There are four drive modes: Normal, Sport, Track, and — to the chagrin of parents of teenagers across the country — Drift. Each mode adjusts six settings to one of two levels. Suspension damping and traction control can also be adjusted independently of the drive modes; the shocks, for instance, can be set firm or soft at any time via a button on the end of the turn-signal stalk. You need not hide the keys from your kids; the more advanced drive modes can be locked out.
Track mode is selected for the track sessions, which loosens the traction-control noose (although it can be turned off completely), sharpens throttle response, makes steering more responsive, firms up suspension damping, livens up the exhaust note by introducing burbling and popping on throttle lift, and adjusts the AWD system for optimal front to rear torque delivery – up to 70 per cent rear. To assist cornering, the RS uses brake-assisted torque vectoring front axle and two clutch packs on the rear axle to transfer up to 100 per cent of the rear torque to either wheel as needed.
This system proves seamless at the track and nearly eliminates understeer. About the only way to get the RS to push is to force it by trail-braking exceptionally deep into a corner, or as I scribbled in my notes, to drive like a newbie. Otherwise, the car steers exactly where you point it, with a quick turn-in and a faultless adherence to a chosen line. To correct for any understeer the trick is to counter-intuitively apply the throttle, thus allowing the torque vectoring to do its job.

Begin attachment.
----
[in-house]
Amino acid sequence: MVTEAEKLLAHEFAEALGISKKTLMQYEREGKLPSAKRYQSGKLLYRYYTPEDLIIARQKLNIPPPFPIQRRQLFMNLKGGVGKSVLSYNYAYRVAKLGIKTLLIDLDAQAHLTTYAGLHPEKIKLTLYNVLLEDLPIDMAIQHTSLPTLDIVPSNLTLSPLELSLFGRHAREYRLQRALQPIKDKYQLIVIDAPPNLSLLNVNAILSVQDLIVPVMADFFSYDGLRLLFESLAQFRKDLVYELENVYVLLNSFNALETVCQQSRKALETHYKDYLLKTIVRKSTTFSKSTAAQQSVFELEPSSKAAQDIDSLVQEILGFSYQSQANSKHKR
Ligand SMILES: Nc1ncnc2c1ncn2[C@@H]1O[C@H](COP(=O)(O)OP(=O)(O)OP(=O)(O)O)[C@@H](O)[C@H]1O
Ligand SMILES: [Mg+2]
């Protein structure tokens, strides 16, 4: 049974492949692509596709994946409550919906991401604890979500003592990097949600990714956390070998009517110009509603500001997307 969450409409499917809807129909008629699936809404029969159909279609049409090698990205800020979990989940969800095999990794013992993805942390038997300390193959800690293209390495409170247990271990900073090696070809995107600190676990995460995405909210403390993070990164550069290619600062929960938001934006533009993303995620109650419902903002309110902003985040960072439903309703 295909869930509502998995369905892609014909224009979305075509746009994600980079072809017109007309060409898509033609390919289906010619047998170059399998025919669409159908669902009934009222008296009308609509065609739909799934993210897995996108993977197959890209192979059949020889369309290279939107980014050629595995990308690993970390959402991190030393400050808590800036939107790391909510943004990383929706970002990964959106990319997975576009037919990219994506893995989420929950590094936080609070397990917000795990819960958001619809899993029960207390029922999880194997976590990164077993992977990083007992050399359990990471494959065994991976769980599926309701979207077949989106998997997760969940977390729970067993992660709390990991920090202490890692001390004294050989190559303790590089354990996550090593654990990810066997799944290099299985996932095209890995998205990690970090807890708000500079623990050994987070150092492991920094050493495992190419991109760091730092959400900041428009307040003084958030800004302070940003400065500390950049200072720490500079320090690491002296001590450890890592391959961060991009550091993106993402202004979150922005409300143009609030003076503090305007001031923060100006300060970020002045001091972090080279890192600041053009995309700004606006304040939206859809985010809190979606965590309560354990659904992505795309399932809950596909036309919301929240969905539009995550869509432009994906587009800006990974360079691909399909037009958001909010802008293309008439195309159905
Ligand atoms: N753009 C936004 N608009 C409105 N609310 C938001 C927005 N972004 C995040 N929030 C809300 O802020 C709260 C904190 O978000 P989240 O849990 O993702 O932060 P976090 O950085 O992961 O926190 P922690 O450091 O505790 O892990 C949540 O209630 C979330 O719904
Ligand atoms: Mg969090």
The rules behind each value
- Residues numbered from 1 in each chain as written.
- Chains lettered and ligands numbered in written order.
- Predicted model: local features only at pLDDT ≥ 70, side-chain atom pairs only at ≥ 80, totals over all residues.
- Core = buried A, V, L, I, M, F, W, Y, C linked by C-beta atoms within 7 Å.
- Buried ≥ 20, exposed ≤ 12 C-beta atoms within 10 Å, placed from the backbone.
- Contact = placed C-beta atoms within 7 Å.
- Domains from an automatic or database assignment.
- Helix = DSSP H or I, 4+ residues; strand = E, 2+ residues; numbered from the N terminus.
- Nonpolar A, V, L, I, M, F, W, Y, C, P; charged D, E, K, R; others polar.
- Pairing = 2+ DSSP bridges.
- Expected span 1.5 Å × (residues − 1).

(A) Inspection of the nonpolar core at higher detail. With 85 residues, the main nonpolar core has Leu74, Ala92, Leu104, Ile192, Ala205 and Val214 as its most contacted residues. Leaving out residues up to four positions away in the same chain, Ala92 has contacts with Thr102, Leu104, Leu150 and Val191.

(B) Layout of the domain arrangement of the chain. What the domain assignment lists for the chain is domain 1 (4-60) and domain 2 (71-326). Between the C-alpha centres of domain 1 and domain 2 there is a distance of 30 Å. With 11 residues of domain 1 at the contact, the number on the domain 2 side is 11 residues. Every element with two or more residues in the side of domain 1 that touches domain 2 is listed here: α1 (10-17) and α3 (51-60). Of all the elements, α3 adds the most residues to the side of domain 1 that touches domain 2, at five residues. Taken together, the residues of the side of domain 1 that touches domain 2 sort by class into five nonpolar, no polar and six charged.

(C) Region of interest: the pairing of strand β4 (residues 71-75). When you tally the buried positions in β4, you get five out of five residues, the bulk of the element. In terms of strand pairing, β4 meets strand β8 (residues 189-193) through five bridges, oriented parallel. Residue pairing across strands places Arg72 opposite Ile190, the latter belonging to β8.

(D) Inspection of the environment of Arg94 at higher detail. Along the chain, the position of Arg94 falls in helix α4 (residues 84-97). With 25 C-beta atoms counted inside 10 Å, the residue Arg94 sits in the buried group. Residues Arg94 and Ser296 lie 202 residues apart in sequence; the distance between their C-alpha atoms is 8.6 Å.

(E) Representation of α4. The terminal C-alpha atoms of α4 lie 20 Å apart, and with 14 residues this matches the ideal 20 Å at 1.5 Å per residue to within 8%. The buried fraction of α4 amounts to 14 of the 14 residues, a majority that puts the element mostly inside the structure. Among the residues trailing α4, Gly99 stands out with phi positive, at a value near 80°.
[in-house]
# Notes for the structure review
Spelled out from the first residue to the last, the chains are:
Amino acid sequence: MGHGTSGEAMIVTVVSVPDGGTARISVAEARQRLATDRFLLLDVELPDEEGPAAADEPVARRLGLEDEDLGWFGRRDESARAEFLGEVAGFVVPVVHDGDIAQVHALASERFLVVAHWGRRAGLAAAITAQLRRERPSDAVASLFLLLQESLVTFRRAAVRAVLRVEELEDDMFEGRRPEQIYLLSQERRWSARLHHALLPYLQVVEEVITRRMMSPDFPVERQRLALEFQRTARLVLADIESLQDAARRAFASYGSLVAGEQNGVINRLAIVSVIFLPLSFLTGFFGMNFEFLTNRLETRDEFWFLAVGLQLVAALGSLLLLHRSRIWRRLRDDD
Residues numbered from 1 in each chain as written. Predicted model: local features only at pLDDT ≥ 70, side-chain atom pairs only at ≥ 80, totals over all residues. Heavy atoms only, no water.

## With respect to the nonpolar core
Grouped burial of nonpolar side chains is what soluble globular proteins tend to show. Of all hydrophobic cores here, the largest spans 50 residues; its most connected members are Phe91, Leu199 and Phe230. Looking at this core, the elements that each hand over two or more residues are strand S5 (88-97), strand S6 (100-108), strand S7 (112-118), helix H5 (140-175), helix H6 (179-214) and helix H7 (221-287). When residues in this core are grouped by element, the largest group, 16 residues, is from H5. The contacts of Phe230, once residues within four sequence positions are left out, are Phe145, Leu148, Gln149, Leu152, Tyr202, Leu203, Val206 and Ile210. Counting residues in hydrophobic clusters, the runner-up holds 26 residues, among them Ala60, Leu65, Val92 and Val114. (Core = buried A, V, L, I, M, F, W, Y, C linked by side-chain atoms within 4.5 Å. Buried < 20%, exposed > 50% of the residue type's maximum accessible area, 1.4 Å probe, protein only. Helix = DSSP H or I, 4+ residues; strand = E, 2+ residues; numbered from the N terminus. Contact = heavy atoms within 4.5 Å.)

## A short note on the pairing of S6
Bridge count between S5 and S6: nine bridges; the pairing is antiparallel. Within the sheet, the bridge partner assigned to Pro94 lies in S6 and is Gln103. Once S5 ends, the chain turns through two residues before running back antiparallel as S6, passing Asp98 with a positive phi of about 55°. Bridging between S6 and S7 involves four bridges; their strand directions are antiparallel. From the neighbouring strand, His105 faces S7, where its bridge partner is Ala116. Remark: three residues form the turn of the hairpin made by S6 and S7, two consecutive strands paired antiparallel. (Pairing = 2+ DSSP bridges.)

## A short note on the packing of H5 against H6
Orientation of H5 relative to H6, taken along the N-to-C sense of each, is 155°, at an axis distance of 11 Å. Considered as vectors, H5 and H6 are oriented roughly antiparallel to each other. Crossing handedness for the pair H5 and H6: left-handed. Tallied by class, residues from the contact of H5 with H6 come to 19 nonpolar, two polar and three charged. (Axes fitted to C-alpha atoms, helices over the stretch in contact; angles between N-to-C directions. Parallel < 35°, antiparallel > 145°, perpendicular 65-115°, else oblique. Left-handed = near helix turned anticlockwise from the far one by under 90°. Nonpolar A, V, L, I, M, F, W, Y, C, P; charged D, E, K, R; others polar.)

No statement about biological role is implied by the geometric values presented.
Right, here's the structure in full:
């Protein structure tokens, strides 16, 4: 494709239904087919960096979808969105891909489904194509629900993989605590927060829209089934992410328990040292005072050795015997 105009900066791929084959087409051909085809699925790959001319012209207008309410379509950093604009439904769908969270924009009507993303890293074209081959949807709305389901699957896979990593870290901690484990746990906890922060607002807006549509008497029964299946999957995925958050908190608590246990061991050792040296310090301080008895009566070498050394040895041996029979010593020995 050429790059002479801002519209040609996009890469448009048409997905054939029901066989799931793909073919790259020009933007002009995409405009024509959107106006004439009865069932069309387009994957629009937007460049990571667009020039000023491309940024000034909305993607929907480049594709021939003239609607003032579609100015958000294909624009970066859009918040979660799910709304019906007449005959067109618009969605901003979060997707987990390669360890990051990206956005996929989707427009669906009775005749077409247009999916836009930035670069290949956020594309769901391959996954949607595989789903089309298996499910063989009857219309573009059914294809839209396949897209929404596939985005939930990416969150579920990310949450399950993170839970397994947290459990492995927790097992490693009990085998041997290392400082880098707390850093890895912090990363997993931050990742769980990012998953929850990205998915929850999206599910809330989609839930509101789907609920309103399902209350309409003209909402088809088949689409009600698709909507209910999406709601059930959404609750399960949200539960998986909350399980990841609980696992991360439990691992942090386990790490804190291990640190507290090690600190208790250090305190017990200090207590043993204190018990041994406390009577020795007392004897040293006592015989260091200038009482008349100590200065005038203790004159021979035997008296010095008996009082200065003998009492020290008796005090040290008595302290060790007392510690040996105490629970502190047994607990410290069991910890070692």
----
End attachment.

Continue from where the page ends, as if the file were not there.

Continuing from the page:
The engine pulls hard enough in second and third gears to sink you deep into the Recaro seats until it redlines. And kudos to the folks at Ford for equipping the RS with proper racetrack brakes; the big Brembos maintain brake feel and power throughout the lapping sessions. Ford rates the brakes for “30 minutes,” which means they can handle 30 minutes of lapping without exploding into flames.
After the lapping, I’m directed to a skidpad to practice some drifting. Drift mode backs the TC way down and adjusts the AWD to allow steady, controlled slides. It takes about one lap to get into a steady drift – even though it is an AWD drift, in which the front wheels are mostly centred as the car skids sideways. I don’t care much for drifting, but I’m sure tire manufacturers everywhere have Focus RS posters hanging on their boardroom walls.
For all of its hooning potential, the Focus RS is remarkably composed on the road. In Normal mode the engine purrs along quietly and the suspension, although still quite firm, is compliant enough to handle the daily commute without fusing your vertebrae.
At $46,969, the price is steep. It’s about $16,000 more than the Focus ST, but consider this: In Canada, the Focus RS comes with heated leather Recaro seats, an 8-inch touchscreen with navigation and SYNC3 and dual-zone climate control, as well as a number of other features for which our neighbours south of the border must pay extra. Also standard are the lightweight, 19-inch forged aluminum wheels and grippy Michelin Pilot Sport Cup2 tires, which cost American Focus RS buyers an additional US$1,990. Ford Canada even throws in a set of winter tires at no extra cost.
After spending a day in the hooligan’s seat of the 2016 Focus RS, I can confidently say this hatch isn’t hot. It sizzles.
First Drive: 2016 Ford Focus RS | Driving